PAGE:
# Hierarchical Softmax

Often, we want to define a distribution over words. This can be done by giving each word a vector representation \(w\) and using softmax. Then, given an input vector \(v_{w_i}\), the probability \(p(w_o \mid w_i) = \frac{\exp(v_{w_i}^\intercal v_{w_o})}{\sum_w v_{w_i}^\intercal v_{w}}\). Note that the denominator will take \(|W|\) time to compute.

Hierarchical softmax is a way of approximating softmax, where the probabilities can all be calculated in \(\log |W|\) time. We use a tree to calculate the probabilities:

- The word vectors are at the leaves of the tree.
- Starting at the root, there is one unique path to each word \(w\).
- The node \(n(w,j)\) is the \(j\) th node on the path from the root to \(w\)
- At an internal node, the branch to each child node is given a probability

So to calculate the probability \(p(w\mid w_i)\):

- start at the root
- follow the path down to \(w\)
- multiply the probabilities of the branches taken on the path

Note that this yields a valid probability distribution over all of \(W\), because the probabilities at each internal node form a valid distribution.

At each internal node \(n\), the probability of the outgoing branches is modeled as: \[\sigma(\pm v_{w_I}^{\intercal} v_n)\] where \(v_n\) is an embedding for the internal node, and part of the parameters of the model and \(\sigma\) is the sigmoid.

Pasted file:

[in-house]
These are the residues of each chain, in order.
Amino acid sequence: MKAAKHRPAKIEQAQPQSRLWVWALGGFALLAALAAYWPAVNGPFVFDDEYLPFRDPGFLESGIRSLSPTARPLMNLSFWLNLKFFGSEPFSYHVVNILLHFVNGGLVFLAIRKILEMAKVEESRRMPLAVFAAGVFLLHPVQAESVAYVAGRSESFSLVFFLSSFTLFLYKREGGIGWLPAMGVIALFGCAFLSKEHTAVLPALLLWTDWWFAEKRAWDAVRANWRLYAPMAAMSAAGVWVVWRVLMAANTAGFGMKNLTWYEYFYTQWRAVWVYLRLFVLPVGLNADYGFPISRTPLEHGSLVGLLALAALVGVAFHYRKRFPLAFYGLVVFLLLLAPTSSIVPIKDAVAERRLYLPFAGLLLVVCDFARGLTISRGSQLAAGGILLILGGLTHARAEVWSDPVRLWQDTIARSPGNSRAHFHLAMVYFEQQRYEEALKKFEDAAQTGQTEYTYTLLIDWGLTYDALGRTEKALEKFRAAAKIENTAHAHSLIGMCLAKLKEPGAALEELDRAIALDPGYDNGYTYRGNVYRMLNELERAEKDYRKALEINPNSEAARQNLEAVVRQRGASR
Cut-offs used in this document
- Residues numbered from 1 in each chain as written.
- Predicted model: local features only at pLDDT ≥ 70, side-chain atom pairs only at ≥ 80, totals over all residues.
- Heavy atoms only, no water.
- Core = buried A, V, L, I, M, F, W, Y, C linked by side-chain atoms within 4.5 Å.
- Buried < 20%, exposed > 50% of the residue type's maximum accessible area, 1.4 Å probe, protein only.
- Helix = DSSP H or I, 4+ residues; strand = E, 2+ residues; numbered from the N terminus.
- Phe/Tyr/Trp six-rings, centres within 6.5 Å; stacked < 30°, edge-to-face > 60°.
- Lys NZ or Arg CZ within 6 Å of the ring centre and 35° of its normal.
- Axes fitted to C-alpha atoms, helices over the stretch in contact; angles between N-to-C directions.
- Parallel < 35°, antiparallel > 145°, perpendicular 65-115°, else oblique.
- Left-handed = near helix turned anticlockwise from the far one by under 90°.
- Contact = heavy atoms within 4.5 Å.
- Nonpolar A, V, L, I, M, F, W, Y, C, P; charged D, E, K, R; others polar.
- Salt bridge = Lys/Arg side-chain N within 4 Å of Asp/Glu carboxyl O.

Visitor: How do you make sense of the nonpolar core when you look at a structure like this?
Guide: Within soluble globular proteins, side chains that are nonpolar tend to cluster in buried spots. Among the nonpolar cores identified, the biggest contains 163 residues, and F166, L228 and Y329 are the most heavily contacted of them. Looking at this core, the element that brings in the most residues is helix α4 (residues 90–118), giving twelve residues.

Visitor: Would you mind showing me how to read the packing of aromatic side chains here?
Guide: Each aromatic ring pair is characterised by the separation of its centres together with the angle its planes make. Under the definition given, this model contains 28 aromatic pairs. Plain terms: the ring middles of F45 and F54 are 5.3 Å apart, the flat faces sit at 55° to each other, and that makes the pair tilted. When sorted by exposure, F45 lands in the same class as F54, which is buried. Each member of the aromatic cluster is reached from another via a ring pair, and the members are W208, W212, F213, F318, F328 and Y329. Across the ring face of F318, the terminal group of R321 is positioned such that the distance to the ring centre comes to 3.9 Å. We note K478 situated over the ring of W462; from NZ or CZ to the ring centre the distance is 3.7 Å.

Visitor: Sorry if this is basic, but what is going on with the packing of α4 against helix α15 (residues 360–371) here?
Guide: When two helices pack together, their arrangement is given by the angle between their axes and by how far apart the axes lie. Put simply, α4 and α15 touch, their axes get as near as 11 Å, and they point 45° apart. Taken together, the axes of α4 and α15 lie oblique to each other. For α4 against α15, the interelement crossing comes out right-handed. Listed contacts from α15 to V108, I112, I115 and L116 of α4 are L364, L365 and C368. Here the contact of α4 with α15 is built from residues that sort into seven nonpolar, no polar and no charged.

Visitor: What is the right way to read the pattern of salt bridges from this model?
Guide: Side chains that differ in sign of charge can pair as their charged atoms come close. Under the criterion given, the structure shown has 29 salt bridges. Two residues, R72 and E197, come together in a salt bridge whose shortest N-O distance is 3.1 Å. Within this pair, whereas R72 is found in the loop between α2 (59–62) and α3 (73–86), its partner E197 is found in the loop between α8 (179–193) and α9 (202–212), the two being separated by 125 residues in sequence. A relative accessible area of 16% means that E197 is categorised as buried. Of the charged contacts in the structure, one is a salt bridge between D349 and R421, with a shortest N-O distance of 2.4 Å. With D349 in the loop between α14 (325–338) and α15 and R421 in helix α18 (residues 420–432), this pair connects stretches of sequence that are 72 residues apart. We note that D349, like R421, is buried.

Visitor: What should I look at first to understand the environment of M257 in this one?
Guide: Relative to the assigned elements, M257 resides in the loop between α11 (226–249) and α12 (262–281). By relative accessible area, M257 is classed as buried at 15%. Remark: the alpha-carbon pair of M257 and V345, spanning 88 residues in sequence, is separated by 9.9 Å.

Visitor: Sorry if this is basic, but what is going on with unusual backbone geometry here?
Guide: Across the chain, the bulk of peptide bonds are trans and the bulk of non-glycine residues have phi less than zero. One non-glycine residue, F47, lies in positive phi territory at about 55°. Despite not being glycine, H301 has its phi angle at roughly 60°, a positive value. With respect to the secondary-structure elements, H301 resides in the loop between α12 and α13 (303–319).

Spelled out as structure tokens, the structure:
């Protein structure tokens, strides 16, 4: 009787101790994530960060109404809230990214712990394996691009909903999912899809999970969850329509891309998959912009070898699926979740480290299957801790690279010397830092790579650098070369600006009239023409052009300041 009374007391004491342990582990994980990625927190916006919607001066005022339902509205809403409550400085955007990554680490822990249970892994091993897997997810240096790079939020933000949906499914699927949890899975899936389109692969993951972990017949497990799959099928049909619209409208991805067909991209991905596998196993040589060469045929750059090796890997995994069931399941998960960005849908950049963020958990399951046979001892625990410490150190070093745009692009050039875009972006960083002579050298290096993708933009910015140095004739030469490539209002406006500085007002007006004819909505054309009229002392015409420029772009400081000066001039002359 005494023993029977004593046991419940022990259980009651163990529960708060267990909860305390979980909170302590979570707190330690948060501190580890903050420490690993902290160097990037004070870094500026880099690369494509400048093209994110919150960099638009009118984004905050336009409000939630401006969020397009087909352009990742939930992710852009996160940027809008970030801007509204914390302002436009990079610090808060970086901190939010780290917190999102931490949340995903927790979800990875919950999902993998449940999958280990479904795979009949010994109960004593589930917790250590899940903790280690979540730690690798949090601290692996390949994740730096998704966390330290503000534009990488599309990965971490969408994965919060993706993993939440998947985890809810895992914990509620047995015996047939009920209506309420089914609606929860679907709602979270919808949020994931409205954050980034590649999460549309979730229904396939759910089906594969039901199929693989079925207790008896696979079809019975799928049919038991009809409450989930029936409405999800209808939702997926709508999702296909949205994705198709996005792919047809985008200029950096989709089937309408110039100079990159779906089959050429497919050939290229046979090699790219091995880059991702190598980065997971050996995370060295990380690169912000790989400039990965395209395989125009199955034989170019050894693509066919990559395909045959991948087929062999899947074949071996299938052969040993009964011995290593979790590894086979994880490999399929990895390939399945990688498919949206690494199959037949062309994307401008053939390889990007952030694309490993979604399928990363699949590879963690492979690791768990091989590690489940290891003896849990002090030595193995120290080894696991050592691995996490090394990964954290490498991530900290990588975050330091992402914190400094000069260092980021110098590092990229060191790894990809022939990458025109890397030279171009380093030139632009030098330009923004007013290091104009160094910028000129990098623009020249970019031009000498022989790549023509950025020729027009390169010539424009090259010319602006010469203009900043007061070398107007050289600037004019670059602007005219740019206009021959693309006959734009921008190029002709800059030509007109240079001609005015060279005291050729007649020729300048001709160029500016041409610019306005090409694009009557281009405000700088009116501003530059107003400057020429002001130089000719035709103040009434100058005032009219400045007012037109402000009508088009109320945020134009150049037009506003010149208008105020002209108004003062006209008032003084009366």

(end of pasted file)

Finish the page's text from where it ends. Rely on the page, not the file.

One of the things I was confused about when learning about the hierarchical softmax was how the vector embeddings for the internal node would be encouraged to correctly reflect the probabilities at the leaves during training. I see now that hierarchical softmax is a *re-parameterization* of the softmax function. The probability at the leaves is *by-definition* whatever is given by taking the product along the paths.

Note that in a balanced tree, there are \(W-1\) internal nodes. So this parameterization involves the same amount of weights, but makes computing the probabilities faster (\(O(\log |W|)\) vs \(O(|W|)\)).